Bibiana, however, is tortured in this account as well. She’s held captive by a wicked woman called Rufina, who in tries to defile her virginity firstly by seductive persuasion and then by violence but that doesn’t work (I’m not sure what didn’t work or how it didn’t work but she remained a virgin). Enraged, the Roman governor ordered her to be tied to a pillar and flogged which was a torture that she endured with a smile on her face until she died.

Her body was then put in the open air to be torn apart by wild animals, but as you can see she was left intact and finally buried.

So who is pop-eye?  He’s Artemius, a Roman soldier also martyred under the reign of Julian the Apostate. He was renowned for his ability to cure maladies relating to the spine and testicles. Why has he suffered the indignity here of getting pulverised under a huge rock? Maybe to show a bit of immediacy; the fact that his bowels are spewing out and that his eyes have indeed popped out of head under the weight of the rock is meant to be a visceral reminder that the struggle was not yet over. Nice.

The video of the episode on St Cecilia can be viewed here.

The video of the episode on Saints Bibiana, John and Paul can be viewed here.

To view the entire ‘Elevenses with Lynne’ archive, head to the Free Art Videos page.

Santo Stefano gorefest: Saint Stephen

By Elevenses, Santo Stefano, Talking art

Those of you who haven’t caught me live on Instagram (yet!) might not know that there is almost always a shout out for GORE. So here we are at the start of a veritable gorefest. This fresco of poor St Stephen is a mere warm up to some of the other frescos in the same series that I’m going to show you over the coming weeks…you have been warned! Spoiler alert: it’s not very festive!!

St Stephen was the first person to be martyred in the name of Christianity. He’s kneeling in his red robe arms held out to his sides, perhaps in a nod to Christ’s crucifixion, eyes to the heavens as he’s pelted at point blank range with stones, or possibly baked potatoes.

St Stephen protomartyr

N. Circignani and M. da Siena, The Martyrdom of St Stephen, Santo Stefano Rotondo, 1581-2

St Stephen, however, doesn’t seem to care much and nor does he seem to have noticed the vision of Christ and God in the cloud above which was what partially got him into trouble in the first place. St Stephen was a brilliant orator and held a lot of views that went against public opinion so when, in a court of law in Jerusalem, he claimed that Jesus’s death was murder, that Moses had foretold of Christ’s coming and that he could, by the way, see a vision in the sky of Christ standing at God’s right hand, things went badly. St Stephen was chased out of the court by an angry mob and stoned to death for his beliefs.

Santo Stefano
Apostles

In the background to the right we have a group that the artist identifies with a ‘B’ as the apostles (there’s a guide to the lettering below the fresco). I imagine that this is a reference to the 12 apostles being dispersed, metaphorically if not geographically, after Stephen’s death because you can see some figures with halos being harangued by others brandishing branches.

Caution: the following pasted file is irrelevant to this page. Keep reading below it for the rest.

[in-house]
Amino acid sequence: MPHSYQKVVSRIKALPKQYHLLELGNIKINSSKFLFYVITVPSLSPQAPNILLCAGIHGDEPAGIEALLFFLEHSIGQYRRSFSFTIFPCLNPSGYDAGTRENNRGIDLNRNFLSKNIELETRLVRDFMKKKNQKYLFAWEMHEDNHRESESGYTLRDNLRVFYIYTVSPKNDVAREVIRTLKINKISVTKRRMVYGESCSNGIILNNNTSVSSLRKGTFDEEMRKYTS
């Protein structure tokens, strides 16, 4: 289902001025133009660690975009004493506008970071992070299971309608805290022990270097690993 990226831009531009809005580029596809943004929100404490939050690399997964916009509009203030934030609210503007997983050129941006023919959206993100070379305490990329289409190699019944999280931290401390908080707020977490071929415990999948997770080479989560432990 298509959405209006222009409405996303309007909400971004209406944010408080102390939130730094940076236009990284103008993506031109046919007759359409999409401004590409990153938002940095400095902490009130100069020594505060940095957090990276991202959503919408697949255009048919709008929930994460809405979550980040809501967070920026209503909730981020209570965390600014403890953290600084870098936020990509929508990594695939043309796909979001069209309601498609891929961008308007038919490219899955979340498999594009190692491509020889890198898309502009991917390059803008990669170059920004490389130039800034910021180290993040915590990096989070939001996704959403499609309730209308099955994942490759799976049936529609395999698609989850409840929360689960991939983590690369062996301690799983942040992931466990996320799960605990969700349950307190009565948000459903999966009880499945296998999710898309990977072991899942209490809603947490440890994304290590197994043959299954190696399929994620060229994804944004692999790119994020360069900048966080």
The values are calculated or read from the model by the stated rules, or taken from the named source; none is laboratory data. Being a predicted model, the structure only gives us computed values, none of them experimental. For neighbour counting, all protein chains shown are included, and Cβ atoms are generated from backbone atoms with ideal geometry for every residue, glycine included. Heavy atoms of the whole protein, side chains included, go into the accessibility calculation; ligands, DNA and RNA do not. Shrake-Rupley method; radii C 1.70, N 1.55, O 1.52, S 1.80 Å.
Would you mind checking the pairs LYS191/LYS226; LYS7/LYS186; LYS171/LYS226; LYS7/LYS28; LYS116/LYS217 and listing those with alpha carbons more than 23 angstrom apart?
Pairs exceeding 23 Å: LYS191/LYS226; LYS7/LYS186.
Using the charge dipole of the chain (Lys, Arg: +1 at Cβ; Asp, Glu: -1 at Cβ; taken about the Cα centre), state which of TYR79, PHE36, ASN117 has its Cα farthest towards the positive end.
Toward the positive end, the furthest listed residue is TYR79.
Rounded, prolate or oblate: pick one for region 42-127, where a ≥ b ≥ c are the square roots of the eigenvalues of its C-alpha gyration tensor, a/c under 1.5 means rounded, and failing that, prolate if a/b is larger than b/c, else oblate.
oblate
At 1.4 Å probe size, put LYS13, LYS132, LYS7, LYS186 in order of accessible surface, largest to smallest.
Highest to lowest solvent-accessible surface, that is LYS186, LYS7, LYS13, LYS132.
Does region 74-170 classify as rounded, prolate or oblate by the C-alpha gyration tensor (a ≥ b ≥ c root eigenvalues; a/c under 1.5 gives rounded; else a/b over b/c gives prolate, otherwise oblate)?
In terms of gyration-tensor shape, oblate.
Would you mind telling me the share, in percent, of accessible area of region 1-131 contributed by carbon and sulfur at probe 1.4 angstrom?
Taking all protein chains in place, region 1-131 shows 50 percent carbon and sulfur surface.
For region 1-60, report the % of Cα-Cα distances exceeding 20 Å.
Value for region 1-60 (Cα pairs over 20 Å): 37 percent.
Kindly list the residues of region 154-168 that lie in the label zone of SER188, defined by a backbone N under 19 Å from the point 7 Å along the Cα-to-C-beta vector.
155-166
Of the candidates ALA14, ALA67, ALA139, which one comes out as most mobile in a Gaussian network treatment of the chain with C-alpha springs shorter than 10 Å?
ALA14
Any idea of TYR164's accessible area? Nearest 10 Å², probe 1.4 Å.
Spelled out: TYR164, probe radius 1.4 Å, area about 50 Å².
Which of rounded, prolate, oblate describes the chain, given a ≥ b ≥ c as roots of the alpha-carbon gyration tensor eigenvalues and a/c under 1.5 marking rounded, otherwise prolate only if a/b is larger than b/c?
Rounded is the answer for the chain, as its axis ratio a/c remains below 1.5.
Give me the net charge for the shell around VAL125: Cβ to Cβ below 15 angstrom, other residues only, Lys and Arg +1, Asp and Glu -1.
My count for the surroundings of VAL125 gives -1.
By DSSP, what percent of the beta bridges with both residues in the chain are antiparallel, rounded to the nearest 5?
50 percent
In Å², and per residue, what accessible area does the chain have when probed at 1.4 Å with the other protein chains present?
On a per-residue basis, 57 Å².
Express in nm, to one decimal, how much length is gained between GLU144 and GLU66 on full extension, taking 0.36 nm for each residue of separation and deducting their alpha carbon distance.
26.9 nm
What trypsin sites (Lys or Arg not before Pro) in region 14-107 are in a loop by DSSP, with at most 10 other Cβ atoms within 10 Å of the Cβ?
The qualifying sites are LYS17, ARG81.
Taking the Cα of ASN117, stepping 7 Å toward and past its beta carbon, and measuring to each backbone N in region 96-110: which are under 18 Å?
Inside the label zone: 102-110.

Over to the left in the background is a man identified as Jacobus. He’s about to get beheaded. I think this could be James the Great who was the first of the apostles to be martyred and he did, according to the New Testament, get his head chopped off.

I’m not convinced, however, looking at the architecture, that this scene is representative of Jerusalem in the 1st century A.D. There is a reason for that. The artist, Niccolo Circignani, was more than likely asked to present Rome as the successor to Jerusalem. These frescoes were painted in 1582 at the height of the Counter Reformation so glorifying Rome and Catholicism was important.

And the catalogue of bodily horrors in the name of martyrdom that this fresco cycle represents was clearly part of that.

Yes, St Stephen is one of the least gruesome images in the series. For an idea of what’s to come, here’s a description by Charles Dickens. He didn’t mince his words when he wrote about the works in Pictures from Italy, published in 1846:

… St. Stefano Rotondo a damp, mildewed vault of an old church in the outskirts of Rome, will always struggle uppermost in my mind, by reason of the hideous paintings with which its walls are covered. These represent the martyrdoms of saints and early Christians; and such a panorama of horror and butchery no man could imagine in his sleep, though he were to eat a whole pig raw, for supper. Grey-bearded men being boiled, fried, grilled, crimped, singed, eaten by wild beasts, worried by dogs, buried alive, torn asunder by horses, chopped up small with hatchets: women having their breasts torn with iron pinchers, their tongues cut out, their ears screwed off, their jaws broken, their bodies stretched upon the rack, or skinned upon the stake, or crackled up and melted in the fire: these are among the mildest subjects. So insisted on, and laboured at, besides, that every sufferer gives you the same occasion for wonder as poor old Duncan awoke, in Lady Macbeth, when she marvelled at his having so much blood in him.

The video of this episode can be viewed here. Or at least partially viewed as there was a technical difficulty and I was interrupted in full flow! To view the entire ‘Elevenses with Lynne’ archive, head to the Free Art Videos page.